On Point With: Ariel Italic

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Although she’s one third of the nightlife collective known as The Nobodies, drag queen Ariel Italic is making her mark as a Somebody in a major way. She turns heads with her creative looks, which may not have won her any crowns or sashes yet… but it hasn’t kept her and the Nobodies from creating their very own pageant. An unusually erudite and observant queen with a tendency towards honestly self-deprecating humor, Ariel also applies her sharp wit and language skills to her nationally read Drag Race recaps for Queerty. Now busy with a weekly Drag Race viewing party in Brooklyn that will evolve into an original Nobodies showcase after the season finale, Ariel takes a moment to walk Thotyssey through her secret garden of gorgeous neuroses.

Thotyssey: So I just read your recap of the last episode of RuPaul’s Drag Race on Queerty. It was very tight, sharp and funny, so obviously writing is a thing for you. I also see that you wrote a play in 2010. Was writing your first creative outlet?

Ariel Italic: I was a big reader when I was a kid, and so that got me writing fairly early. I remember enjoying assignments in school where we had to write stories. I was always artistic; I drew, I did school plays, I sang, I wrote. I wasn’t necessarily always good at all of those things, but I was always drawn to creative pursuits.

Where did you grow up, and what was childhood like for you?

I was always “different” as a kid, and my classmates could tell. I don’t think they called it out as gay or queer right away, but they knew I wasn’t the same as them, and in a small school that makes a difference. So I didn’t have a ton of friends growing up because I didn’t fit in, and I was pretty introverted as a result. I read a lot, I played Nintendo, I wrote… I kept to myself. I didn’t learn how to be outgoing and reach out to people until high school. I wasn’t necessarily unhappy, but I was definitely pretty solitary. I wanted more friends, but I learned to keep myself entertained.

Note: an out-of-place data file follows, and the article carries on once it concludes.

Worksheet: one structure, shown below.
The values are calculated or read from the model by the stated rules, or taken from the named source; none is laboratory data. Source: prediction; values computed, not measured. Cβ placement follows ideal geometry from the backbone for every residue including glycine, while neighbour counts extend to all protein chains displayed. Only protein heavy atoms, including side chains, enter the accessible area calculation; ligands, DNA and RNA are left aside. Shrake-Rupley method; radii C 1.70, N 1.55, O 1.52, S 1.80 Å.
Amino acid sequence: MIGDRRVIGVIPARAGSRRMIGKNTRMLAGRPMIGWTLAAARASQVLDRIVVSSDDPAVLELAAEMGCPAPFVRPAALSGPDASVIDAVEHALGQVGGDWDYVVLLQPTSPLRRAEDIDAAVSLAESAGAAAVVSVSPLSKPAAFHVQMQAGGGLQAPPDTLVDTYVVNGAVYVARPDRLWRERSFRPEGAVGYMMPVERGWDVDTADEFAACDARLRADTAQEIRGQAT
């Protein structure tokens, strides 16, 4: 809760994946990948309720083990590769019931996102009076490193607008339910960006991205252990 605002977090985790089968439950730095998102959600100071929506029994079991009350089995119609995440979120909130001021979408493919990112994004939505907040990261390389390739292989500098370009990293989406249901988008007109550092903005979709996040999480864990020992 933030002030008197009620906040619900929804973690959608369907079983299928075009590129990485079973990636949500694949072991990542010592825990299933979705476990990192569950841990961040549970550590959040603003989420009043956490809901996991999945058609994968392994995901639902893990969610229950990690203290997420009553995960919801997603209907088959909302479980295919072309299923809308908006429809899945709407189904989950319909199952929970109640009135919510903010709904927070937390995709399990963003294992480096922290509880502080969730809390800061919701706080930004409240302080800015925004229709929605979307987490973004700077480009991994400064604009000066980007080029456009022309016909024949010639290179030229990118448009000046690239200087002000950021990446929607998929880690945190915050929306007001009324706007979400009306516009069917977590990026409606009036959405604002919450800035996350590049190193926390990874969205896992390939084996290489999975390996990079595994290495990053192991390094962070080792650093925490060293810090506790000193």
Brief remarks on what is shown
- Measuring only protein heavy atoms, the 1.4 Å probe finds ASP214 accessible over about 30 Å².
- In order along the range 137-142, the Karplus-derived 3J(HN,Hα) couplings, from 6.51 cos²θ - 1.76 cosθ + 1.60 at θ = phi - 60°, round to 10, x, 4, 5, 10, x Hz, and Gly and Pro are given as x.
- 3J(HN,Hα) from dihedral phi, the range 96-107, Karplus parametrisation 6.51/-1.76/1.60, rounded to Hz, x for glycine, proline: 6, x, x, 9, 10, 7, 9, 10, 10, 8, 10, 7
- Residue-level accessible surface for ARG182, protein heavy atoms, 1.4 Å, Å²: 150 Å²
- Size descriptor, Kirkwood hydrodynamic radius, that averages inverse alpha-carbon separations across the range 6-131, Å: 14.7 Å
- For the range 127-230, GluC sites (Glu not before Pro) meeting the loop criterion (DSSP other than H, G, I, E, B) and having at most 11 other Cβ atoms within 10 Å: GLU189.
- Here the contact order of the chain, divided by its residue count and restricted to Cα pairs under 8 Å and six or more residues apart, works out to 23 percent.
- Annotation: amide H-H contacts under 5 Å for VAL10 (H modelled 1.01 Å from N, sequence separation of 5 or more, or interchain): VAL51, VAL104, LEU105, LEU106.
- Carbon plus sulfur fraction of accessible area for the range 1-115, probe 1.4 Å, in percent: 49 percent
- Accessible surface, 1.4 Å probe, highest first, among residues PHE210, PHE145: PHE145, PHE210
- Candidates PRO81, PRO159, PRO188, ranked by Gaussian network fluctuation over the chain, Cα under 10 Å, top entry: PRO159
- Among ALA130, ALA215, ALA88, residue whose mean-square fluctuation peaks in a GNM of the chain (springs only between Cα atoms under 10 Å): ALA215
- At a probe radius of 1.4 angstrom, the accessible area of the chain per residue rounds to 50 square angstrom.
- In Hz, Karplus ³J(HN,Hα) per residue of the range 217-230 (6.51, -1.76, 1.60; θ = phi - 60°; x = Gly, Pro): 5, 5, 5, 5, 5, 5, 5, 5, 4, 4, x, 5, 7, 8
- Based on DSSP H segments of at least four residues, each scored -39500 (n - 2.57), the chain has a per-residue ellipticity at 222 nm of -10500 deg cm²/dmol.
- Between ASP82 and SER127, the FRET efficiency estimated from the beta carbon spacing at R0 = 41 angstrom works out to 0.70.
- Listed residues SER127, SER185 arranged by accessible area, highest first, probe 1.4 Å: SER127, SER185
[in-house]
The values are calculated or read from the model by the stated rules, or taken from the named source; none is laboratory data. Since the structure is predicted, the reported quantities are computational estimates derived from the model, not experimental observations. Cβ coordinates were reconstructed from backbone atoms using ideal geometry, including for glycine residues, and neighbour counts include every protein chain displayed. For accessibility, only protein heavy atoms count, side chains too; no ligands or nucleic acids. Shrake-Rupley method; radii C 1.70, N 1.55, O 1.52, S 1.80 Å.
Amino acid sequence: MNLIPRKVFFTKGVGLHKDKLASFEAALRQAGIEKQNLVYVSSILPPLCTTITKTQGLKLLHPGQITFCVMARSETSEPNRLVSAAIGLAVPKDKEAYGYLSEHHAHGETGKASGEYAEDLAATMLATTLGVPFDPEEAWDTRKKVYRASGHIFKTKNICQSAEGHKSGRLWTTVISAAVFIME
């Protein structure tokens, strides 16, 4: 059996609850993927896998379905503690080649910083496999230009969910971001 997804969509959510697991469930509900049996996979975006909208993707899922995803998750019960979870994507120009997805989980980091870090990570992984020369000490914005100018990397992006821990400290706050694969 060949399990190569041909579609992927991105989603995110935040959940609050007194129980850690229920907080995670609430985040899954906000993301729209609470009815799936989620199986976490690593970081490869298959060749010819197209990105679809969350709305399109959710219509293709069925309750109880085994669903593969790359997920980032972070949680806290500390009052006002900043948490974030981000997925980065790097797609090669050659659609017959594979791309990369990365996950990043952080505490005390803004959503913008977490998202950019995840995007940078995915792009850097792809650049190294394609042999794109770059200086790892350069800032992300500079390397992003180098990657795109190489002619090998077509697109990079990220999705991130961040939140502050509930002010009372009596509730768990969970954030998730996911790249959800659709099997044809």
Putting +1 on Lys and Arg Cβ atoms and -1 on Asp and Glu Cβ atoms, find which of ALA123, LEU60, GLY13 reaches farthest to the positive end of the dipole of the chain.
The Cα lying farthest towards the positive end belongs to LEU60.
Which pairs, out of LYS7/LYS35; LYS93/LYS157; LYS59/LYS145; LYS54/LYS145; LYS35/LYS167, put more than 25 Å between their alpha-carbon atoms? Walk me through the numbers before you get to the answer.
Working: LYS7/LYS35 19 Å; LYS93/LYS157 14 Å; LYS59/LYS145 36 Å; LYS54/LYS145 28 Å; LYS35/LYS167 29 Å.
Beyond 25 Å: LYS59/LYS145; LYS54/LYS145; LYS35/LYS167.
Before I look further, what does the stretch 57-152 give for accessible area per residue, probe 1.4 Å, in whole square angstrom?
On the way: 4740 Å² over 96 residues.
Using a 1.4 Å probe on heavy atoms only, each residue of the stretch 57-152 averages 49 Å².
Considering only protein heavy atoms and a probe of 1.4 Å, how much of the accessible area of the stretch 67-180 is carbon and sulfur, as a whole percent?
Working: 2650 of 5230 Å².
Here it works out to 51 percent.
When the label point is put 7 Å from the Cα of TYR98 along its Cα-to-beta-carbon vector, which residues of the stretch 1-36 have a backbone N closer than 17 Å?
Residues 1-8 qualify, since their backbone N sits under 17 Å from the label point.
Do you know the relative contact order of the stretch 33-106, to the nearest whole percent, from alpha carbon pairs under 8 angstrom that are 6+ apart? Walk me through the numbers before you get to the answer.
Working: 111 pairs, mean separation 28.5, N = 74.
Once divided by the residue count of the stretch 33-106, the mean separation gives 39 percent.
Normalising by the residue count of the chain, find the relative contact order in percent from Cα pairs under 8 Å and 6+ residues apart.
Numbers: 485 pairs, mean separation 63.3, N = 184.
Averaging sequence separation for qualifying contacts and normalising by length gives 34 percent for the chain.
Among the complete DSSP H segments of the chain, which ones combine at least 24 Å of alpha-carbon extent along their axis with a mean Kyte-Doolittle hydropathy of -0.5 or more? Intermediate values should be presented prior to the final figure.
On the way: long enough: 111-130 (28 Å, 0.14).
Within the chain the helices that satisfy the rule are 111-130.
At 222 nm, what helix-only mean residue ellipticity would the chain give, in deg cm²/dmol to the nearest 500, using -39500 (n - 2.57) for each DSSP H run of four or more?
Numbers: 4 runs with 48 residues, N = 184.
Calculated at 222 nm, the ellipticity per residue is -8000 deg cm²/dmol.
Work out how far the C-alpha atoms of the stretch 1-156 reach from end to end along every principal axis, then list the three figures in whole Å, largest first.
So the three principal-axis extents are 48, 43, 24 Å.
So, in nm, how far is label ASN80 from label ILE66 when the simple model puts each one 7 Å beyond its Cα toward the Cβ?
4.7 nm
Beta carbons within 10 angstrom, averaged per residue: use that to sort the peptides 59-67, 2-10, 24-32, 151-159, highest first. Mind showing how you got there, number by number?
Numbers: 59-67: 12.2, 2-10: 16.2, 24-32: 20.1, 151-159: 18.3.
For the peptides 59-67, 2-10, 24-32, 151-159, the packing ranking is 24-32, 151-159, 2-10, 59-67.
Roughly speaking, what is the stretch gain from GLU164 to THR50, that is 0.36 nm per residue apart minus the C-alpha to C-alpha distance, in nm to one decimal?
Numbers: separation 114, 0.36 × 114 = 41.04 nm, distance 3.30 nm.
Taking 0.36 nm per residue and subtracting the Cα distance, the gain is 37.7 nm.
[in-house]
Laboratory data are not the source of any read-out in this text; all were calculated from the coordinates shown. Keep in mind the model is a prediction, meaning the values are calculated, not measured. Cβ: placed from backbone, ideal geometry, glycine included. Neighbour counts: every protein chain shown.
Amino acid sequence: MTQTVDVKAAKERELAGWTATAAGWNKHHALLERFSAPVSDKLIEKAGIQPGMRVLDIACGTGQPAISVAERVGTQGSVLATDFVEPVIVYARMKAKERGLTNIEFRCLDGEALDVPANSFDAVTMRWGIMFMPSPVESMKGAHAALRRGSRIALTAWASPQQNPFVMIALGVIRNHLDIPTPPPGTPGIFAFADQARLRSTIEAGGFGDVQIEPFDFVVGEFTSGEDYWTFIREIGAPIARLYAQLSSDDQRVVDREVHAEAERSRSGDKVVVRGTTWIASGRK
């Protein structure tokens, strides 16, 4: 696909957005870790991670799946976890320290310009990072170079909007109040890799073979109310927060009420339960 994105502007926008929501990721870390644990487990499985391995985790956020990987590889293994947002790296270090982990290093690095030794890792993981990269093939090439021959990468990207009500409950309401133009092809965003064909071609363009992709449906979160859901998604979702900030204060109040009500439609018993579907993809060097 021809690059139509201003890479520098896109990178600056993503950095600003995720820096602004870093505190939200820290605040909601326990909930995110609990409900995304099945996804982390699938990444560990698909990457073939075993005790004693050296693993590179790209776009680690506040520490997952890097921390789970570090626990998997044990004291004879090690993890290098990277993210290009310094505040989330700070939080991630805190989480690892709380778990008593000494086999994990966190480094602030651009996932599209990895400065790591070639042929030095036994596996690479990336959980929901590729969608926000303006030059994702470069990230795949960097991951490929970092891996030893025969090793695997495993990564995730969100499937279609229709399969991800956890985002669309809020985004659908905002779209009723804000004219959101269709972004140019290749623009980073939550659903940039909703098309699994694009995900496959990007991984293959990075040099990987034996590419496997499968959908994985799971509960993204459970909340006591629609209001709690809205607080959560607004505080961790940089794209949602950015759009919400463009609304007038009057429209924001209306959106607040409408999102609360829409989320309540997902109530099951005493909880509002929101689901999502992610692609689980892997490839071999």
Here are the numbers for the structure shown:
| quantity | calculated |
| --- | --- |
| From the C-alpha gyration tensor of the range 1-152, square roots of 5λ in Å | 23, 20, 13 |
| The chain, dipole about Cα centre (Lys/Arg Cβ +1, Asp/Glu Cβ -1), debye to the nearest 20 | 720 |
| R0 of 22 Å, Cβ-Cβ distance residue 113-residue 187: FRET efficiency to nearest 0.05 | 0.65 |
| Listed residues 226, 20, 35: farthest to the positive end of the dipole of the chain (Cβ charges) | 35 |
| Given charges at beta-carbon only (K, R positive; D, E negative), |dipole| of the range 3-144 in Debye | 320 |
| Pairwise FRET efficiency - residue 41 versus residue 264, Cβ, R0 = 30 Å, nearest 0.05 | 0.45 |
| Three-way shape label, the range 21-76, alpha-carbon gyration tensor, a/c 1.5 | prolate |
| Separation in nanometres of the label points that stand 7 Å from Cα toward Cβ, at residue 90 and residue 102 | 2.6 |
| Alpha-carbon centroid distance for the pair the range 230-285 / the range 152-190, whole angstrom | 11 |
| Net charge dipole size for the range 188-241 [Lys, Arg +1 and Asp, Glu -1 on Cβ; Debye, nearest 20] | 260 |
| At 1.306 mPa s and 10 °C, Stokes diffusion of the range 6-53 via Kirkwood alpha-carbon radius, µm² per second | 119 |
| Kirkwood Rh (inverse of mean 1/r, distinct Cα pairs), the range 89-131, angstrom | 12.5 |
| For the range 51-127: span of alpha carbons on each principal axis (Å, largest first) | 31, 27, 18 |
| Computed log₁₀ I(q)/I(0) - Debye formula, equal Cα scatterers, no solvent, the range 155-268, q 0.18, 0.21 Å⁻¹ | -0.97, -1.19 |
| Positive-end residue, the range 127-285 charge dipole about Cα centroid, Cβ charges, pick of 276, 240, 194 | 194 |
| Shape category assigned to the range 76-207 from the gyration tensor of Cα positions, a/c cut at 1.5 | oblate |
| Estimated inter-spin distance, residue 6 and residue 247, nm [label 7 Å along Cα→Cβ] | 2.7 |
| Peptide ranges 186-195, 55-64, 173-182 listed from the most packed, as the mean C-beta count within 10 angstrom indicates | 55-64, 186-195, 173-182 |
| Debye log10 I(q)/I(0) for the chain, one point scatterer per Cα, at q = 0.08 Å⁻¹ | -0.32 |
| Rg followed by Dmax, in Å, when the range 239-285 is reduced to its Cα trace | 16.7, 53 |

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Who is your glamour/style icon of all time?

Oh gosh. I am terrible at picking favorites in any category. I always need several answers. I think the first time I saw someone as “stylish” was when I watched The Cosby Show growing up. Clair Huxtable was so chic, so assured, so vibrant. I think on some level, I wanted to be her. Since then, I’ve looked back at a lot of the fashions from the show and found that Denise also rocked a really impressive fashion point of view, and her quirky couture has influenced me. But I have a hard time nailing down just one person who inspires me. Half the time I don’t even recognize the source of my influences; it all just melds in my head like a weird stew.

I like your story of how a friend suggested your drag name while you and a group were just throwing ideas around one day, and it just felt right. Are you a font nerd?

Not to any great extent. I’m a writer, and Arial is a basic, pre-installed font. If I had chosen a more esoteric name, I don’t think it would have resonated with as many people. This one is easily identifiable to most as a typeface.

You won a Reddit drag pageant. The concept of online pageantry is kind of a fascinating development in drag. When you’re participating in the challenges, does it feel like you’re just throwing something out there into a void, or does it feel interactive?